HOLIDAY SPIRIT

Retailers are looking to holiday promotions to spur on the biggest time of the year for wine and spirits, if not for beer, which sells best during the summer."The holidays provide a major opportunity. Obviously, consumption is up then. People have company, and they also buy wine as gifts," said Scott Silverman, specialty buyer for Rice Epicurean Markets, Houston. Also, when shoppers have wine in the

Retailers are looking to holiday promotions to spur on the biggest time of the year for wine and spirits, if not for beer, which sells best during the summer.

"The holidays provide a major opportunity. Obviously, consumption is up then. People have company, and they also buy wine as gifts," said Scott Silverman, specialty buyer for Rice Epicurean Markets, Houston. Also, when shoppers have wine in the basket, they tend to spend more on other items, too, he added.

Dave Burkemeier, manager of the Schnucks On The Plaza store in St. Louis, looks forward to the annual release of Beaujolais Nouveau, which always falls on the third Thursday of November, to kick off the holiday selling season. "It does go well with turkey, but it's more the uniqueness of the wine," that excites people, he told SN. "In more recent years, it's been getting more popular. The French claim it's bigger over here." Signage will alert shoppers to the new Beaujolais in his stores.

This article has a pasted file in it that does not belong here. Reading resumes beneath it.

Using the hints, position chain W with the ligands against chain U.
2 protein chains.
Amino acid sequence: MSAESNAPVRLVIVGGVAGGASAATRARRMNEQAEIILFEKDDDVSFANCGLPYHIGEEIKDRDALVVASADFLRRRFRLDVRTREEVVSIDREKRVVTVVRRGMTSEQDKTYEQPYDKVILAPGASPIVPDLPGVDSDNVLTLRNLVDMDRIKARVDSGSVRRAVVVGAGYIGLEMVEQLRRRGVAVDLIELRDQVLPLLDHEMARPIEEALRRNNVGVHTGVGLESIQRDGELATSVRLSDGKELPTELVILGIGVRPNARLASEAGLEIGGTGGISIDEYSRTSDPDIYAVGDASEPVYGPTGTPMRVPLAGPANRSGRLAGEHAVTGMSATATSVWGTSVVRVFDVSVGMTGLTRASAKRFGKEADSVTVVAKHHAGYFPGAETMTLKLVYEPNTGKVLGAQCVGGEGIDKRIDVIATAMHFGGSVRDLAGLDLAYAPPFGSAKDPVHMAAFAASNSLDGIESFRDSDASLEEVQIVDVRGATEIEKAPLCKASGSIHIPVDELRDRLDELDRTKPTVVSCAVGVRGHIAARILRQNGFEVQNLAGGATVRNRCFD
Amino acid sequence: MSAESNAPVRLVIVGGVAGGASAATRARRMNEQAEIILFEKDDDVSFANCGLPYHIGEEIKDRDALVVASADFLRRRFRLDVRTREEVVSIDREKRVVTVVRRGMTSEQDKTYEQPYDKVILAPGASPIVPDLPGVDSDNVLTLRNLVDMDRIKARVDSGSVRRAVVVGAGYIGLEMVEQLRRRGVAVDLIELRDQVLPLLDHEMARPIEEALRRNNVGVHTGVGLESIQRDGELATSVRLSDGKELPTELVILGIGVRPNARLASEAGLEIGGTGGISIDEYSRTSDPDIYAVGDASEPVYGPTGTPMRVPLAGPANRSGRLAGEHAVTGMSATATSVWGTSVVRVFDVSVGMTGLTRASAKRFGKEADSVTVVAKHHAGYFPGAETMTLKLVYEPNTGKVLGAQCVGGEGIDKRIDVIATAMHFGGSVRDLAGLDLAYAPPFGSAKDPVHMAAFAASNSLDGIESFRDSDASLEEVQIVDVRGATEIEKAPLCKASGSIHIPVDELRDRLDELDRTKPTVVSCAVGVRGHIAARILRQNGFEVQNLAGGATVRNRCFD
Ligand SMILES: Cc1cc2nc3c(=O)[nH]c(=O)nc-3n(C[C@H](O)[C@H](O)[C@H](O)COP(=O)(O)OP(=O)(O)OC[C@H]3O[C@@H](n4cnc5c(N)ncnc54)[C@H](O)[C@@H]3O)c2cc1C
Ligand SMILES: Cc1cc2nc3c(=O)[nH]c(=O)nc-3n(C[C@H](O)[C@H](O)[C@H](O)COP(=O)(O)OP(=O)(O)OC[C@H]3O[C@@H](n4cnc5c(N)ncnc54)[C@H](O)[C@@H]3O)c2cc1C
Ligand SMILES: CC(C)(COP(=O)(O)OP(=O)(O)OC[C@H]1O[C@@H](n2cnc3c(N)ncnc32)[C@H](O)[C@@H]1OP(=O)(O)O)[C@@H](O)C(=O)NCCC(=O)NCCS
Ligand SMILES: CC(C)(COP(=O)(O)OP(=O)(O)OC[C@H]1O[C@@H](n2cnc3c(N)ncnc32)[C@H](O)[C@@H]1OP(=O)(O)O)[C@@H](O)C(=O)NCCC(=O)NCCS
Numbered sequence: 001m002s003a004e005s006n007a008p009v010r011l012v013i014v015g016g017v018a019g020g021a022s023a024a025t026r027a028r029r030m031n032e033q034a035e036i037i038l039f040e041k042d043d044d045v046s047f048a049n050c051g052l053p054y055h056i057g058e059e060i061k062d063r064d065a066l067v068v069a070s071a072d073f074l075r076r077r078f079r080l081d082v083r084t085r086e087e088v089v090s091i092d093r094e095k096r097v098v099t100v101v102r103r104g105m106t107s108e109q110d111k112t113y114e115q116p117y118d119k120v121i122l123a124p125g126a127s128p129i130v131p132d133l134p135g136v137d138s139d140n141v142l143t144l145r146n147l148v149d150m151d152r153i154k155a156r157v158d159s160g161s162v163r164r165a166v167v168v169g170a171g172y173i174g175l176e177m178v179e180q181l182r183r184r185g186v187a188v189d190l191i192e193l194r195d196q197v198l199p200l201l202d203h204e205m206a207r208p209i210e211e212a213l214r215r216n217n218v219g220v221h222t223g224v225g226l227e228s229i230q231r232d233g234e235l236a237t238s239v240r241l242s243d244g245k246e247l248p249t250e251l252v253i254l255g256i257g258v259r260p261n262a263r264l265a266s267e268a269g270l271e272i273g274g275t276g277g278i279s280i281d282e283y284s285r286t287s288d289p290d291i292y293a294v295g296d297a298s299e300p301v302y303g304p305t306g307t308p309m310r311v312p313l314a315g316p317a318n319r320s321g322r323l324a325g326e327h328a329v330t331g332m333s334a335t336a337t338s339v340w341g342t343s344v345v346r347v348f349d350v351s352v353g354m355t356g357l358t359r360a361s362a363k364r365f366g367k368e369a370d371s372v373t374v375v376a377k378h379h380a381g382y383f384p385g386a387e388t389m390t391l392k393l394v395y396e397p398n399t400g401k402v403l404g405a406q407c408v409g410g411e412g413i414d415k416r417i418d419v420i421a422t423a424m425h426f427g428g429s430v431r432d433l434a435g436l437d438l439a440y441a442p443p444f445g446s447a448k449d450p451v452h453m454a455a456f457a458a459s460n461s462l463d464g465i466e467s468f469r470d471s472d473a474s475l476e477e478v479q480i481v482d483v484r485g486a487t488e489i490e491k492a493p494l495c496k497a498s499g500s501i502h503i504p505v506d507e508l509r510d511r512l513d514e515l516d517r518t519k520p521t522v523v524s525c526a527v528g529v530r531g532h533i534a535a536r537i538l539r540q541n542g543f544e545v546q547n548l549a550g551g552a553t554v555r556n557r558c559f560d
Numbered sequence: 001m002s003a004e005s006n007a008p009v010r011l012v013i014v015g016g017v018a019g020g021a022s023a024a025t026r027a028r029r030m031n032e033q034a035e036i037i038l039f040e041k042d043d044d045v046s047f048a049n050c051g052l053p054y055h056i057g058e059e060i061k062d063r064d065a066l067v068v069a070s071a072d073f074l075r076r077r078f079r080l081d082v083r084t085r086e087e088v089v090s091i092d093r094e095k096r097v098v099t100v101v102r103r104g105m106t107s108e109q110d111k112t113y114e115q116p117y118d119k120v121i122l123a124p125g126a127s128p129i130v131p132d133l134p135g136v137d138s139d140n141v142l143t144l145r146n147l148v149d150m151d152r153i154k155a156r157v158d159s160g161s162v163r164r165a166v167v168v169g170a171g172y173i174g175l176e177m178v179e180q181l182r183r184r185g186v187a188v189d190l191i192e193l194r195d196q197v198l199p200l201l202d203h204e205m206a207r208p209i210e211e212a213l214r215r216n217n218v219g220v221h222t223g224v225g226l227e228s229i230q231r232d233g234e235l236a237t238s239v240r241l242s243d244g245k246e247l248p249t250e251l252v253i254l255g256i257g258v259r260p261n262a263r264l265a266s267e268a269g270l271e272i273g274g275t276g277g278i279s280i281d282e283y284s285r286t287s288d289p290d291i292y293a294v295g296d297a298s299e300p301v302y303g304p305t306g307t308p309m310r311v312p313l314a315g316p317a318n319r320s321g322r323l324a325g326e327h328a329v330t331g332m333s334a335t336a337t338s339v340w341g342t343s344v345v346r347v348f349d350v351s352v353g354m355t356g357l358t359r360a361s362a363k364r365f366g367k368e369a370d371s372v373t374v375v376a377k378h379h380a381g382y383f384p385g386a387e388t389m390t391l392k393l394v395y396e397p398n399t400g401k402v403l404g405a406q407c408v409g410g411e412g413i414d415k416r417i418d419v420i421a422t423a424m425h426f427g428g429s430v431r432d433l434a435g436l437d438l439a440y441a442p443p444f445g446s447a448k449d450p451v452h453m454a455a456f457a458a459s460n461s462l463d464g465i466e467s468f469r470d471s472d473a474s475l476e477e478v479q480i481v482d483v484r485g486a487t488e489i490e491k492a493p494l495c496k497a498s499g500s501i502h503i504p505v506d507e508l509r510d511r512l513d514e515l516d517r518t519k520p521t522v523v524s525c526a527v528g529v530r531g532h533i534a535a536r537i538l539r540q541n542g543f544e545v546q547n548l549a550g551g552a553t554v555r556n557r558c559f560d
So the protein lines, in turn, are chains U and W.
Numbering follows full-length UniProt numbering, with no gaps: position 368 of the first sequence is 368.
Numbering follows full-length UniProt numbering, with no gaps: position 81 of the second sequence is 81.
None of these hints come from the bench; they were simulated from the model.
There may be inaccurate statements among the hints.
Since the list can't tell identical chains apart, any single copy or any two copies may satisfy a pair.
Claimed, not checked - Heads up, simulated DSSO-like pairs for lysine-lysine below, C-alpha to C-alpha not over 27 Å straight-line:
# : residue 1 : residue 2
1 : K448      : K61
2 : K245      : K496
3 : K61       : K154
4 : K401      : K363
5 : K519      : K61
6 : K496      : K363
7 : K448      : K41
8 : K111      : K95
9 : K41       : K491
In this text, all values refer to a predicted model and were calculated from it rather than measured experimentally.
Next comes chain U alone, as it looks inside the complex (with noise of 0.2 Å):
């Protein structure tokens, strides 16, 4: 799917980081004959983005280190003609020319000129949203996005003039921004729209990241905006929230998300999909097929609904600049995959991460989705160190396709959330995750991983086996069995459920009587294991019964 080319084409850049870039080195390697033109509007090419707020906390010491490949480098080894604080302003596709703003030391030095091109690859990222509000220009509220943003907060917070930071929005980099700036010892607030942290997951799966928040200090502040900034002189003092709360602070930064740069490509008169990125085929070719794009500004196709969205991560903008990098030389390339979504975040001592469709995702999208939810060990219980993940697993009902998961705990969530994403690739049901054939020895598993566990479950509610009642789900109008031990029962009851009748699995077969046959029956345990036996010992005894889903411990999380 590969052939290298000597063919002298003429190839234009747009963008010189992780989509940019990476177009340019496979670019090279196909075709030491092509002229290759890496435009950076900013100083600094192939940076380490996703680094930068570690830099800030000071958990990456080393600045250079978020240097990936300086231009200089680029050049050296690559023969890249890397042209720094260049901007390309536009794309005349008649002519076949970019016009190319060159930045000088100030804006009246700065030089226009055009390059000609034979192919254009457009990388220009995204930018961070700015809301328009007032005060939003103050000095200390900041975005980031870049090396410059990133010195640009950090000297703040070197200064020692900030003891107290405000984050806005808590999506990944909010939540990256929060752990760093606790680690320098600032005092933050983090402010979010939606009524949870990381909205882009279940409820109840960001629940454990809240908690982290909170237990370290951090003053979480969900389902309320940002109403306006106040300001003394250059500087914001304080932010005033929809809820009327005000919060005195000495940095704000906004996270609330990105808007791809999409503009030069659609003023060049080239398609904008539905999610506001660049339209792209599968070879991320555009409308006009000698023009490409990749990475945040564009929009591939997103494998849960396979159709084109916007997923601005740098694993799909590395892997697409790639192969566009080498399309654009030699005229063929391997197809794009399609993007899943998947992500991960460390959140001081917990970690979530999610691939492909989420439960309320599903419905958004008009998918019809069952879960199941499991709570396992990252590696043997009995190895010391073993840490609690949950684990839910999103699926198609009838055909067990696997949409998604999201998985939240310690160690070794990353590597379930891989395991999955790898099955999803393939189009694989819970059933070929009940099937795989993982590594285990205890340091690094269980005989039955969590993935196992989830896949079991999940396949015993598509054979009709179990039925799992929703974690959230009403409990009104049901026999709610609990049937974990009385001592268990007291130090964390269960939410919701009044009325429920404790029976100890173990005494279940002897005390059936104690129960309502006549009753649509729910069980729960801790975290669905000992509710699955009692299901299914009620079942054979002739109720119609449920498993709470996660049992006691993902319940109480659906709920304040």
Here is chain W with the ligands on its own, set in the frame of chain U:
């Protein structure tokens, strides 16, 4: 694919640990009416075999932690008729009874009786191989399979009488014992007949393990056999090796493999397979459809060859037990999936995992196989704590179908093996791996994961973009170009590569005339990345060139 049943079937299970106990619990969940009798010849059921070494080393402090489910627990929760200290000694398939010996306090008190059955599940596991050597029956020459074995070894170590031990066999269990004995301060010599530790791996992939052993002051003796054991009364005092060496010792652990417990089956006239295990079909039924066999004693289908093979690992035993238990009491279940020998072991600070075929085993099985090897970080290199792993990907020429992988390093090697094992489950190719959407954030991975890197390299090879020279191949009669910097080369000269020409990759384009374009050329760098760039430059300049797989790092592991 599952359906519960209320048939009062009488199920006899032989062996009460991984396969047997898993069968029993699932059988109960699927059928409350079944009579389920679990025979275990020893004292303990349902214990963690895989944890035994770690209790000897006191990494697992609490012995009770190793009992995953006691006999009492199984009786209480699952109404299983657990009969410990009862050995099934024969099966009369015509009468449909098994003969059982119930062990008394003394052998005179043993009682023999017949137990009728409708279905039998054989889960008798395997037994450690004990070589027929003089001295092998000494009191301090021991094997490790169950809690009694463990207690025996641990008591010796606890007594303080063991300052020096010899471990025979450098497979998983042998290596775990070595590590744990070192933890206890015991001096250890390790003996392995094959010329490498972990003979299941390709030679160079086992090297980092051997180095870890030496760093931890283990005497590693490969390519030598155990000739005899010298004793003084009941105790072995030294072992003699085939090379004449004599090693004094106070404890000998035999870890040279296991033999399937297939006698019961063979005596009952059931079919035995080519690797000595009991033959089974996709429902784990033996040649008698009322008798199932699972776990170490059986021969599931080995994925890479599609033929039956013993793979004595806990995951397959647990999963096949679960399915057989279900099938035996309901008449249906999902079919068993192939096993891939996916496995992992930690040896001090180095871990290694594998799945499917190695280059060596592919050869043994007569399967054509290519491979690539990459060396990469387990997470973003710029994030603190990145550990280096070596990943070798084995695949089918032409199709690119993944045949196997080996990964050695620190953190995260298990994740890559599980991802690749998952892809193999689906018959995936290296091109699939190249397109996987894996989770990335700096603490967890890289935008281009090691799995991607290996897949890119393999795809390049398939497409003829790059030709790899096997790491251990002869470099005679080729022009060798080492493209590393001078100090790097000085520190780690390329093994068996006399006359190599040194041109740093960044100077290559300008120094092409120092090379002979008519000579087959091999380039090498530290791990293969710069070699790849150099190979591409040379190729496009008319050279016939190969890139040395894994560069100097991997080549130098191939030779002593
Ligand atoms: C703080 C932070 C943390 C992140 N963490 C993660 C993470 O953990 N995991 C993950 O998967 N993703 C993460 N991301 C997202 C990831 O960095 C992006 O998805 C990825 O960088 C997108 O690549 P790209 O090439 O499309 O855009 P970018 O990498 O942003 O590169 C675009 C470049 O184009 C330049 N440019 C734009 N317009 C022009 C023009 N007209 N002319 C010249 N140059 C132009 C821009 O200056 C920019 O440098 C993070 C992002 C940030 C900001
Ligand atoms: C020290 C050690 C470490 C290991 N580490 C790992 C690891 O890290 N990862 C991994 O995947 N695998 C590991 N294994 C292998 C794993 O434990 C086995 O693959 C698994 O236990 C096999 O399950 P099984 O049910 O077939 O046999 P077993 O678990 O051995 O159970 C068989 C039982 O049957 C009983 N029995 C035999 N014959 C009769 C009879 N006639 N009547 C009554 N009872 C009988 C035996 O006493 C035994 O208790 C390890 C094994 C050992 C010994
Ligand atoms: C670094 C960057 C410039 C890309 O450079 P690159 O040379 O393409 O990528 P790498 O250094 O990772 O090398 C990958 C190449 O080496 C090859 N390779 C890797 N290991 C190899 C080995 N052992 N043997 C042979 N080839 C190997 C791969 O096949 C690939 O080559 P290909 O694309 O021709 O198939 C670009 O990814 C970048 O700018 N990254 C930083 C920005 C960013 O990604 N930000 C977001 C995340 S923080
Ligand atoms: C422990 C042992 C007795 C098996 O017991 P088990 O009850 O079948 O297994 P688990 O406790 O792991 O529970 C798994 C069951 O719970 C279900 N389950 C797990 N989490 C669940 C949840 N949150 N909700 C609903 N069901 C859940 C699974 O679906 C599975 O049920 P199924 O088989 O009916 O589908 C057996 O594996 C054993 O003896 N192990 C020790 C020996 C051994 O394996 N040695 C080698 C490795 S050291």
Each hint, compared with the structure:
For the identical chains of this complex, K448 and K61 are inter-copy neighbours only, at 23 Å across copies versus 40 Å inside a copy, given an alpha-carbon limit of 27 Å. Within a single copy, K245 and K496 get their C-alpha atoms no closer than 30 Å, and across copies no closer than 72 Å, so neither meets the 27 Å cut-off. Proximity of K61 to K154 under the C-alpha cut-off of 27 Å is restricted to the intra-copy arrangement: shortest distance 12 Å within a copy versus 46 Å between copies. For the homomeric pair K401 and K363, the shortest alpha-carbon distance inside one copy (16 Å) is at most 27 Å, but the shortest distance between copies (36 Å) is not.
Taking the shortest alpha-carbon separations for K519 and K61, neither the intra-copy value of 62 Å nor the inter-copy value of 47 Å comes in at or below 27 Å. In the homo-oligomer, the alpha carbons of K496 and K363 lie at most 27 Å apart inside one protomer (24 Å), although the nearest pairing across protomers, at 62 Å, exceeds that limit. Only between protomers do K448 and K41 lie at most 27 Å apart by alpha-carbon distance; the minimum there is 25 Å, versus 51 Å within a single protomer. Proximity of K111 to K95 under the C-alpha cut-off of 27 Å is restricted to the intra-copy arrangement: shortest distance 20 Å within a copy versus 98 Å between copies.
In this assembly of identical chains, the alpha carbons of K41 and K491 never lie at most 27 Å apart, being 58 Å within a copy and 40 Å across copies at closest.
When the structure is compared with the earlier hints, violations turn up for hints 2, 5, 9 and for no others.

Tim Norland, buyer of spirits, wine and beer at all Byerly's and Lunds stores, St. Paul, Minn., and designer of four separate-entrance alcohol beverage shops operated by the chain, said holiday promotions begin each year with a Fall Sale on wine.

Just as with Halloween candy, shoppers are encouraged to buy wine early in the hope that they will use it up and need more later. Or, that they will try several bottles, find something they like and come back for a case for their holiday entertaining.

Where state law allows, retailers try to participate in the majority of the manufacturers' tie-ins and mail-in rebates, since these draw business.

"They help," said Patti Councill, spokeswoman for A&P, Montvale, N.J., noting one by Grolsch, a premium imported beer, that is offering a dollar off on a bagged snack item. "We also do a lot of theme advertising and point of sale," Councill said, adding that all the manufacturers do a nice job on their POS materials, which are provided by the wholesalers.

Recognizing that wine is a profit center in the store, retailers such as A&P, ShopRite, Wegmans, Hy-Vee and Lunds/Byerly's have opened separate wine and liquor stores to take that to the next level.